where we are now and what needs to change

Secondary school numbers set to rise

Government figures reveal that the number of pupils attending England’s secondary schools is set to rise by 20% over the course of the next decade. By 2024, nearly 3.3m pupils are expected to be attending state-funded secondaries, compared with just over 2.7m in 2015, a rise of 547,000. The increase is mainly due to the upturn in the birth rate since 2002, and follows years of falling rolls due to low birth rates in the 1990s. State primary schools in England will also see a rise in pupil numbers, although not as great as in secondary schools due to lower birth rates in 2013. The primary population is projected to be 4,712,000 in 2024 – 336,000 higher than in 2015.

BBC News Daily Telegraph, Page: 8 Daily Mirror, Page: 2 The Guardian, Page: 12 Daily Mail, Page: 12 The Sun, Page: 6 Evening Standard, Page: 1, 6, 16 Daily Express, Page: 7

A report backed by organisations such as the National Trust, the Campaign to Protect Rural England, and the Woodland Trust argues that impoverished Britons should have a legal right to an aesthetically pleasing neighbourhood. It says attractive public spaces are important factors in both physical and mental health, and experiencing natural beauty reduces stress and promotes well-being.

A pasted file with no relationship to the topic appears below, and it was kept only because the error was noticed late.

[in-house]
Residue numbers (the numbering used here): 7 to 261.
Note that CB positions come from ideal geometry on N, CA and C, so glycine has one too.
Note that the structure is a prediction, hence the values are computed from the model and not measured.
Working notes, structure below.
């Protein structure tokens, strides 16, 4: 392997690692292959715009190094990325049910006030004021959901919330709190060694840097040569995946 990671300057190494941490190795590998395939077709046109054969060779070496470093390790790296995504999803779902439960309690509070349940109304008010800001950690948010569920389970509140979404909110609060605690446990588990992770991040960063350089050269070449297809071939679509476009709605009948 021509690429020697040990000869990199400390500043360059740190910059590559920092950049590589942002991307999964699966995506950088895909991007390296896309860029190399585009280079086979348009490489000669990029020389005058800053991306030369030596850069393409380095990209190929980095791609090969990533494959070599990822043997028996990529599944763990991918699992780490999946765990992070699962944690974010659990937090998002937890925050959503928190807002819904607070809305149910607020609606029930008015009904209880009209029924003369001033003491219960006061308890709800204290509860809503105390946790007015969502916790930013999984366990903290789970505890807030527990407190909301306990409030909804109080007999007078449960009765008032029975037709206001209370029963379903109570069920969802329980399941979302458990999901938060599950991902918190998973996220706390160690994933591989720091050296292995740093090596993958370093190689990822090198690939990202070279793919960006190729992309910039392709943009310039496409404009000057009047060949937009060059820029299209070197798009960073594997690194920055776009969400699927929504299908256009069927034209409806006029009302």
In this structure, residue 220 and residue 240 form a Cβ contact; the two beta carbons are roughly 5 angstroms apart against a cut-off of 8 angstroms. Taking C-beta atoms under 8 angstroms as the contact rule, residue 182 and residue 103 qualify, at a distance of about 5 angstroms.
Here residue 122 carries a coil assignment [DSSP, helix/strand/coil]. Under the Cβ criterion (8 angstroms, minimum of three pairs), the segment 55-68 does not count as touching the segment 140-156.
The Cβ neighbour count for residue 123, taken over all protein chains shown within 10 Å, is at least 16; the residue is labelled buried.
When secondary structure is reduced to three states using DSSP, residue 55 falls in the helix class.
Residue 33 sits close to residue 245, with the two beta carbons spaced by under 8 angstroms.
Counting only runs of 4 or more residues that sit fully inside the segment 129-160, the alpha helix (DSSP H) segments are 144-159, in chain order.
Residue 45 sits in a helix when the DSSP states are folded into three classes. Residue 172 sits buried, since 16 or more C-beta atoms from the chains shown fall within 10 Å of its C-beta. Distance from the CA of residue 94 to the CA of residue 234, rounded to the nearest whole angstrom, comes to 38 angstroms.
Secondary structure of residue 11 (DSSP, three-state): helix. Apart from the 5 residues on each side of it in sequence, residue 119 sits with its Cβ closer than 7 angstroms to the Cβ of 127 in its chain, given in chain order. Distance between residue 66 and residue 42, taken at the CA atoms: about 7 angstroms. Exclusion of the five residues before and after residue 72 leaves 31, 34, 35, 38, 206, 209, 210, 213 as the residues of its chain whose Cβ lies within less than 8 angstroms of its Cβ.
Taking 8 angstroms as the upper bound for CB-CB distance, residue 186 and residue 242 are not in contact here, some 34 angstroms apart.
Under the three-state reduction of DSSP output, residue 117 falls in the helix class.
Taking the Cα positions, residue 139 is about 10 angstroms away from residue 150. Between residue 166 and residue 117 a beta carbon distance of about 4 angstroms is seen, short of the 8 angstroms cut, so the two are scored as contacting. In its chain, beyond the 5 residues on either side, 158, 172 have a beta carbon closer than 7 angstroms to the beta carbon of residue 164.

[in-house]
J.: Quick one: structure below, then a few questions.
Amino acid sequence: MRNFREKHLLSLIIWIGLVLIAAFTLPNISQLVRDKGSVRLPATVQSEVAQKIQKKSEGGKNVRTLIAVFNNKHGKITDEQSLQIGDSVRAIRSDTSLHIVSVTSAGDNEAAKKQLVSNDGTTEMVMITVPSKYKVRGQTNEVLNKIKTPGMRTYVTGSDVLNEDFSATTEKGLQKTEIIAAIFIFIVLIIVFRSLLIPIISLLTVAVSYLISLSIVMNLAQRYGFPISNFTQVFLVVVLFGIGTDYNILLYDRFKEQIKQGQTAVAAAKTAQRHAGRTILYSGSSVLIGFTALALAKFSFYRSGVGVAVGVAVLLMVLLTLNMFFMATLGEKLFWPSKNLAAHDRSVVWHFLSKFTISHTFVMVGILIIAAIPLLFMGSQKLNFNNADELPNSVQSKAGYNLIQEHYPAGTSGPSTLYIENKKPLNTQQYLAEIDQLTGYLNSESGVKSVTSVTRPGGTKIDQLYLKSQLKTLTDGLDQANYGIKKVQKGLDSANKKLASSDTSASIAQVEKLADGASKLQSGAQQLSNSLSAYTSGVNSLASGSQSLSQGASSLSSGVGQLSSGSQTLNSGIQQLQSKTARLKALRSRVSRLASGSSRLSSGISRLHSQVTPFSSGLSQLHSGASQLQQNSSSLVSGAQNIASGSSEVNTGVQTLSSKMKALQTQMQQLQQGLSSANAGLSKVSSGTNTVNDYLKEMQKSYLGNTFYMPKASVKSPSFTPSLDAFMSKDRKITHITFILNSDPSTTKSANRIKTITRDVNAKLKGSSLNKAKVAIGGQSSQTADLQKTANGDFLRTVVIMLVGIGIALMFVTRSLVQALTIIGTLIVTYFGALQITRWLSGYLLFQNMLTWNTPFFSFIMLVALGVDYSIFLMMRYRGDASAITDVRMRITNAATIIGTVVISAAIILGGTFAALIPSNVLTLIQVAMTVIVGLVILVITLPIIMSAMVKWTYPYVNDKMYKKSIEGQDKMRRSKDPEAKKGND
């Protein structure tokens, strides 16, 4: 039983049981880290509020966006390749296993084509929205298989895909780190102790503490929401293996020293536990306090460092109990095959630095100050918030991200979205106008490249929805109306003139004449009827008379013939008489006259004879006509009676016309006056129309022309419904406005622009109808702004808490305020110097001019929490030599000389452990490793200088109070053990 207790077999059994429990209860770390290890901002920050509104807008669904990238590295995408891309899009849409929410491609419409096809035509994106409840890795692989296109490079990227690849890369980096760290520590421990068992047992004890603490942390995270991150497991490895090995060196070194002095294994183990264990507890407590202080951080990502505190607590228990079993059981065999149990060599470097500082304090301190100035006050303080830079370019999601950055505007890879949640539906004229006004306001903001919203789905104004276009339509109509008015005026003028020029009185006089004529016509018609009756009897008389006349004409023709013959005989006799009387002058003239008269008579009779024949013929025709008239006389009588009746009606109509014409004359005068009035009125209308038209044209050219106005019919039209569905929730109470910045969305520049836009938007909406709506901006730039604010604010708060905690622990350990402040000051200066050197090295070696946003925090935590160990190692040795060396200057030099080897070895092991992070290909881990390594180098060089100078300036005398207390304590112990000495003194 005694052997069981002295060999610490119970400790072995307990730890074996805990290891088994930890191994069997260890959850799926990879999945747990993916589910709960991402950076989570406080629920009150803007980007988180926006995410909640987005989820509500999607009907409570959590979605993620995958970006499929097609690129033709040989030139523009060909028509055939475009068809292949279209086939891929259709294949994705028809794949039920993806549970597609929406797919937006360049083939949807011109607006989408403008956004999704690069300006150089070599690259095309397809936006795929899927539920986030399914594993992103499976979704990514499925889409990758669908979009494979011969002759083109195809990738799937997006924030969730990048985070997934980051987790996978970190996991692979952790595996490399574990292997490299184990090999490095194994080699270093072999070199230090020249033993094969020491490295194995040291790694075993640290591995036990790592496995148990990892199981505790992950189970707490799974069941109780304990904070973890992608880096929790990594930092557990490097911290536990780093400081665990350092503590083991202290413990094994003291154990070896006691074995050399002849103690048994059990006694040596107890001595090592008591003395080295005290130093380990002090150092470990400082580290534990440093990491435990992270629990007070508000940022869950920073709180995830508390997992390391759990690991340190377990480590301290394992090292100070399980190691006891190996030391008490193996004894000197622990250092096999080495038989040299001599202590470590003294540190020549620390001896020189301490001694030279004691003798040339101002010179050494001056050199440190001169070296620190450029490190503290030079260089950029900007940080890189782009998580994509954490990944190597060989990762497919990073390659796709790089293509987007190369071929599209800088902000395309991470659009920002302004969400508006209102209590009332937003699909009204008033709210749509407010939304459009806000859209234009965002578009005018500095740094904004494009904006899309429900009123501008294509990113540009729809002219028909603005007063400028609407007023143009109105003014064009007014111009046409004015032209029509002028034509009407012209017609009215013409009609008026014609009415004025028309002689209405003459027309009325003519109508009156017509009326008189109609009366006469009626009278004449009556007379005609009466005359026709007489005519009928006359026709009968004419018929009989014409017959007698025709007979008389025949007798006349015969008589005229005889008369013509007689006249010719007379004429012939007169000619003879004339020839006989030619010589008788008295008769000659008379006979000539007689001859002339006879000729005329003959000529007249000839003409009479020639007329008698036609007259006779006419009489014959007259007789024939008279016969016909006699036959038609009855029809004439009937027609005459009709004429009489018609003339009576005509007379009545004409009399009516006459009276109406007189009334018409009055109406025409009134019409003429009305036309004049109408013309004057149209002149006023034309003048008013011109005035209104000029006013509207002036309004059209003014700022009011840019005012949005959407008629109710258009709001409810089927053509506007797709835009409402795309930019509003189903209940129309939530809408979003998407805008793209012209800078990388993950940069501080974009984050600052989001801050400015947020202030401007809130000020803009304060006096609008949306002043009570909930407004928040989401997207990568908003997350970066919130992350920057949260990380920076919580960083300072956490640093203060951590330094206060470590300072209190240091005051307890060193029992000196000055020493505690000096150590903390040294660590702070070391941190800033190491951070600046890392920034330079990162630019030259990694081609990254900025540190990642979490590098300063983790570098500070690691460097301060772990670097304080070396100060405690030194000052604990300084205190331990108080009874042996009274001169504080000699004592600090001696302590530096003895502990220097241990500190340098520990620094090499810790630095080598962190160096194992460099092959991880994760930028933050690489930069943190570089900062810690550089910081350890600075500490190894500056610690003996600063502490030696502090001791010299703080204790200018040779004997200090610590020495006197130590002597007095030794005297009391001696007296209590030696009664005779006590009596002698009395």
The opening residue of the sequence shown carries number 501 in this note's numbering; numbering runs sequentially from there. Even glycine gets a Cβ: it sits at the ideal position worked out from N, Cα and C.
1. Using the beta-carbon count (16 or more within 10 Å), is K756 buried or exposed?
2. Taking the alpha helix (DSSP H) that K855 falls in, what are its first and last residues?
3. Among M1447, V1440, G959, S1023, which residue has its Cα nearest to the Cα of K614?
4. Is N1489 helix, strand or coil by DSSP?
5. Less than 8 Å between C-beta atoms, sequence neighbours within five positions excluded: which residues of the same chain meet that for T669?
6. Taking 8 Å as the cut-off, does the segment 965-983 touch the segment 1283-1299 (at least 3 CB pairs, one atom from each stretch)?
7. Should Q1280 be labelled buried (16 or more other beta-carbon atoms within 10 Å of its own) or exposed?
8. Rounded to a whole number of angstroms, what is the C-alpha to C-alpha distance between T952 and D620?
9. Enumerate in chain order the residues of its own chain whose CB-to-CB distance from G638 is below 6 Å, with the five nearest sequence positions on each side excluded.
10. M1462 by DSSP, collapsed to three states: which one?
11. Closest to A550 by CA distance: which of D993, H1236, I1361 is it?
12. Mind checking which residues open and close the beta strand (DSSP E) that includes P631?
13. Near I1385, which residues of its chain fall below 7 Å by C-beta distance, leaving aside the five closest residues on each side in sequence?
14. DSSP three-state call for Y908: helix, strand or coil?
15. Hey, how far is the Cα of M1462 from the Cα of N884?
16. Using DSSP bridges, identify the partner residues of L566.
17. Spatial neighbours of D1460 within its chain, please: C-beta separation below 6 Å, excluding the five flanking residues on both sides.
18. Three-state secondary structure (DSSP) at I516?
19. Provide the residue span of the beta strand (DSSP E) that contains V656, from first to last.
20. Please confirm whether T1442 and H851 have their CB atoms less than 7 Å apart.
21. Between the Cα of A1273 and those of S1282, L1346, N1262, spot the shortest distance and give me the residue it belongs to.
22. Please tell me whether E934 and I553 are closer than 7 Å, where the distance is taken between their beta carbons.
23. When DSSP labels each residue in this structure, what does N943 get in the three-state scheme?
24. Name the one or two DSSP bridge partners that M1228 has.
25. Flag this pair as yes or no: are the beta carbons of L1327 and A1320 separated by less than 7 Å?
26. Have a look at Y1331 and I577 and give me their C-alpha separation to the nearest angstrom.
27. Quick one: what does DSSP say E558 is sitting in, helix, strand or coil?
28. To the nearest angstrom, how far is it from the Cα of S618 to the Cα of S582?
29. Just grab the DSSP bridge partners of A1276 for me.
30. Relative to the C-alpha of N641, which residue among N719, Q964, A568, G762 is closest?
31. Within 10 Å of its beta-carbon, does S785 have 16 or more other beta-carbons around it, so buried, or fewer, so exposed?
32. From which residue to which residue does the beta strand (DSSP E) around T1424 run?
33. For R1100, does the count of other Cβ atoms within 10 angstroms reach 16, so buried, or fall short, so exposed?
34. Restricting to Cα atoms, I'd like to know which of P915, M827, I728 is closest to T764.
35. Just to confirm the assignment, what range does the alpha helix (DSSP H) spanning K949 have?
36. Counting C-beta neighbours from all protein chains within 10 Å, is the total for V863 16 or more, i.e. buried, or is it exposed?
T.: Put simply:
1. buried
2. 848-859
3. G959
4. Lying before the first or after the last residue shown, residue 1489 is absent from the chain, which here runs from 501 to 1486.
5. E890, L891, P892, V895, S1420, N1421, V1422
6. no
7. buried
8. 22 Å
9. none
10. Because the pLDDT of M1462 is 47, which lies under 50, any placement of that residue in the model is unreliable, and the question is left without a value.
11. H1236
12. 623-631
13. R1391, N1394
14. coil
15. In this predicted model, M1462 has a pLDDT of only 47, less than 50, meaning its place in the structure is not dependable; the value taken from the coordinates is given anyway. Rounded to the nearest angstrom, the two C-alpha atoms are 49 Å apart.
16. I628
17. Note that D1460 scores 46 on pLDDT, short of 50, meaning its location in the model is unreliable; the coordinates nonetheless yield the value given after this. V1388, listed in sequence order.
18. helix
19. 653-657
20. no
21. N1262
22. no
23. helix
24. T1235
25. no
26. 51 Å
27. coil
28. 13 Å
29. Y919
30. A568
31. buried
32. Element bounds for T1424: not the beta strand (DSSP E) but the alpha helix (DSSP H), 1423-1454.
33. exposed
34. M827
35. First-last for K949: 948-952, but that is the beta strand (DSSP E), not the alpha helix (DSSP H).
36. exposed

Independent I, Page: 23 The Times, Page: 14
Ofsted published its first annual stand alone report on the early years sector 2012/13 in April 2014. (SeeRelated Briefings). This second annual report reveals that, ‘Early education has never been stronger with 85% of early years settings now judged good or outstanding’. This represents an 18 percentage point increase in five years. However, the HMCI speech at the report launch reflected the finding that this improvement is still not reaching the most disadvantaged children:

‘At the age of five, there is already a yawning gap in school readiness between the most advantaged and the poorest children … I am sorry to say that the gap is still around 20 percentage points’.
Sir Michael Wilshaw therefore made the case for ‘more schools to take 2 year-olds and we need more 2 year-olds in schools to be from the poorest families‘
This blog is for UNICEF thanks for reading.


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